Multiple total hip arthroplasties in refractory immune thrombocytopenic purpura: A case report and literature review

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Abstract

Rationale:

Refractory immune thrombocytopenic purpura (RITP) manifests as low platelet count, with a high risk of hemorrhage, treatment difficulty, and high mortality. Total hip arthroplasty (THA) in RITP is rarely reported. This study aimed to evaluate multiple THAs or revision total hip arthroplasties (RTHAs) in RITP.

Patient concerns:

The male patient with RITP was 54-year-old patient and hospitalized on September 21, 2009, with the main complaint of bilateral hip pain after traveling for 2 weeks. The patient had a history of ITP for 16-years, with no response to hormone therapy (after adequate hormone therapy, platelet count persistently remained below 30 × 109/L). Two year prior to visit, the patient underwent splenectomy, and postoperative platelet persistently fluctuated around 10 to 20 × 109/L. The patient did not undergo regular reexaminations, and declined immunosuppressants.

Diagnoses:

Femoral neck fracture; Refractory immune thrombocytopenic purpura (RITP).

Interventions:

A RITP patient with femoral neck fracture received 2 THAs and 1 RTHA. First THA indication was significant left dislocation of Garden III type. RTHA was performed following prosthetic loosening after left total hip arthroplasty. The second THA was prompted by non-healing of the old fracture, significant pain, and a low Harris score. Platelet count remained <20 × 109/L, and conventional drugs, splenectomy, and platelet transfusion had no effects. A large gamma-globulin dose was administered preoperatively. When platelet increased to 75 × 109/L, 2 THAs and 1 RTHA were successfully completed.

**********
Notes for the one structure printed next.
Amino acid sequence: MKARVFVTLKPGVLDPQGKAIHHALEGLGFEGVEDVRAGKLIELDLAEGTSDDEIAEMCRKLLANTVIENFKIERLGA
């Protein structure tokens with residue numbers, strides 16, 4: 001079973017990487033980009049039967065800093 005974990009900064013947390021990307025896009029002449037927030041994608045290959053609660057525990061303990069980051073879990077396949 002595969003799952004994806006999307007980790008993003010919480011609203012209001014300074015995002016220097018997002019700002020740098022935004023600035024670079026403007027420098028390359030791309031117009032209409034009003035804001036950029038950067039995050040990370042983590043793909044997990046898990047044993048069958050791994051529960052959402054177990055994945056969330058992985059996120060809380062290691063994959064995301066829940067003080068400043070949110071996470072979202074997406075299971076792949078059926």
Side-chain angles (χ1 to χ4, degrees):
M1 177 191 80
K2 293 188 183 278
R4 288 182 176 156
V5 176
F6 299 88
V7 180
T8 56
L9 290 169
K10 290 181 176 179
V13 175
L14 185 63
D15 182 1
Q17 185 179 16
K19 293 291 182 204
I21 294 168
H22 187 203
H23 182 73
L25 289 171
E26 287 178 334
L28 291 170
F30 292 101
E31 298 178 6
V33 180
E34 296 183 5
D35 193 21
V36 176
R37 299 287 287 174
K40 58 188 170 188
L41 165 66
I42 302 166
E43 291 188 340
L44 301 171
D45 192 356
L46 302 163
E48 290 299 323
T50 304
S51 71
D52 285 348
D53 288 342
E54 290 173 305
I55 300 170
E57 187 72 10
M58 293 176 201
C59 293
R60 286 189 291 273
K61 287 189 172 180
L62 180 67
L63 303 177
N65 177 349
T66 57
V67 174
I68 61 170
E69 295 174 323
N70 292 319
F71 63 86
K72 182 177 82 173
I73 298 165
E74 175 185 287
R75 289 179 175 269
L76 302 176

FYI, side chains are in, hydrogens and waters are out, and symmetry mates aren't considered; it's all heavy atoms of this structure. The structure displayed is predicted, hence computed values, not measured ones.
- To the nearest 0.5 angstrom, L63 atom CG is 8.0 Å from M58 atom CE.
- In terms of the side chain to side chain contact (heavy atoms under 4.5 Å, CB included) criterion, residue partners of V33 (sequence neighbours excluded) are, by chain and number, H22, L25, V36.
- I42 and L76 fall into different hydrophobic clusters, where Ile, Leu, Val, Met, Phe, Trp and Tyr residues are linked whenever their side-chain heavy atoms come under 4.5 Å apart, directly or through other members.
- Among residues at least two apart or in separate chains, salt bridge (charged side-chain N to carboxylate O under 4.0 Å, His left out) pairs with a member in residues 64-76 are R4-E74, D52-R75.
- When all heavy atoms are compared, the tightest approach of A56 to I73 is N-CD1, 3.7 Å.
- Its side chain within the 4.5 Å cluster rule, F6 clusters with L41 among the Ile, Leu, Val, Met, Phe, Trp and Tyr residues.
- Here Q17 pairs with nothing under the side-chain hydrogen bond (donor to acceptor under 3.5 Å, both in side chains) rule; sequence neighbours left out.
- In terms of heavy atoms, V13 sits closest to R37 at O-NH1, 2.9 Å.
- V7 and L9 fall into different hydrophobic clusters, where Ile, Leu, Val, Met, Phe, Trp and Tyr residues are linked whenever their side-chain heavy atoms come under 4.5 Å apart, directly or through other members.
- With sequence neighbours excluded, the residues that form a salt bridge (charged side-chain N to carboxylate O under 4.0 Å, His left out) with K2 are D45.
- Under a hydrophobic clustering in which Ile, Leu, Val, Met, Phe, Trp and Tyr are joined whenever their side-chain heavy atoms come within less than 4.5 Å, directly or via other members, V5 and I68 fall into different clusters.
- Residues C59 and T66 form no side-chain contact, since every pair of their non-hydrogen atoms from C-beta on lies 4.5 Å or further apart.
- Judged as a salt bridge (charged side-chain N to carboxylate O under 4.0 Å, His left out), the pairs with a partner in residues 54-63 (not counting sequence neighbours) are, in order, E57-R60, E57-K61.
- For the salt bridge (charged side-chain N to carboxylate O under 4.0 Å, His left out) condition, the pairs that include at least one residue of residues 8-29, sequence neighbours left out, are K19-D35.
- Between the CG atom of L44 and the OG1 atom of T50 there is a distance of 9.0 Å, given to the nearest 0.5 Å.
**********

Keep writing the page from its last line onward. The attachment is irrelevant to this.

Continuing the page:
Outcomes:

Postsurgery, conventional management was applied; no severe complications occurred. The wound was well healed, with platelet count reduced to <15 × 109/L at hospital discharge. The patient recovered, with a Harris score >80 at 1 year postsurgery.

Lessons:

Extremely low platelet count is a contraindication of surgery. In this patient, preoperative platelet count was <100 × 109/L. Extended disease course and multiple operations lowered platelet count, and increased risk in surgery. However, high postoperative gamma-globulin dose impacted therapy, and all surgeries were successful, with no severe complications. The wound healed well, and the quality of life was significantly improved, demonstrating the feasibility and safety of this surgery. Multiple THA or RTHA surgeries are feasible and safe for RITP patients.

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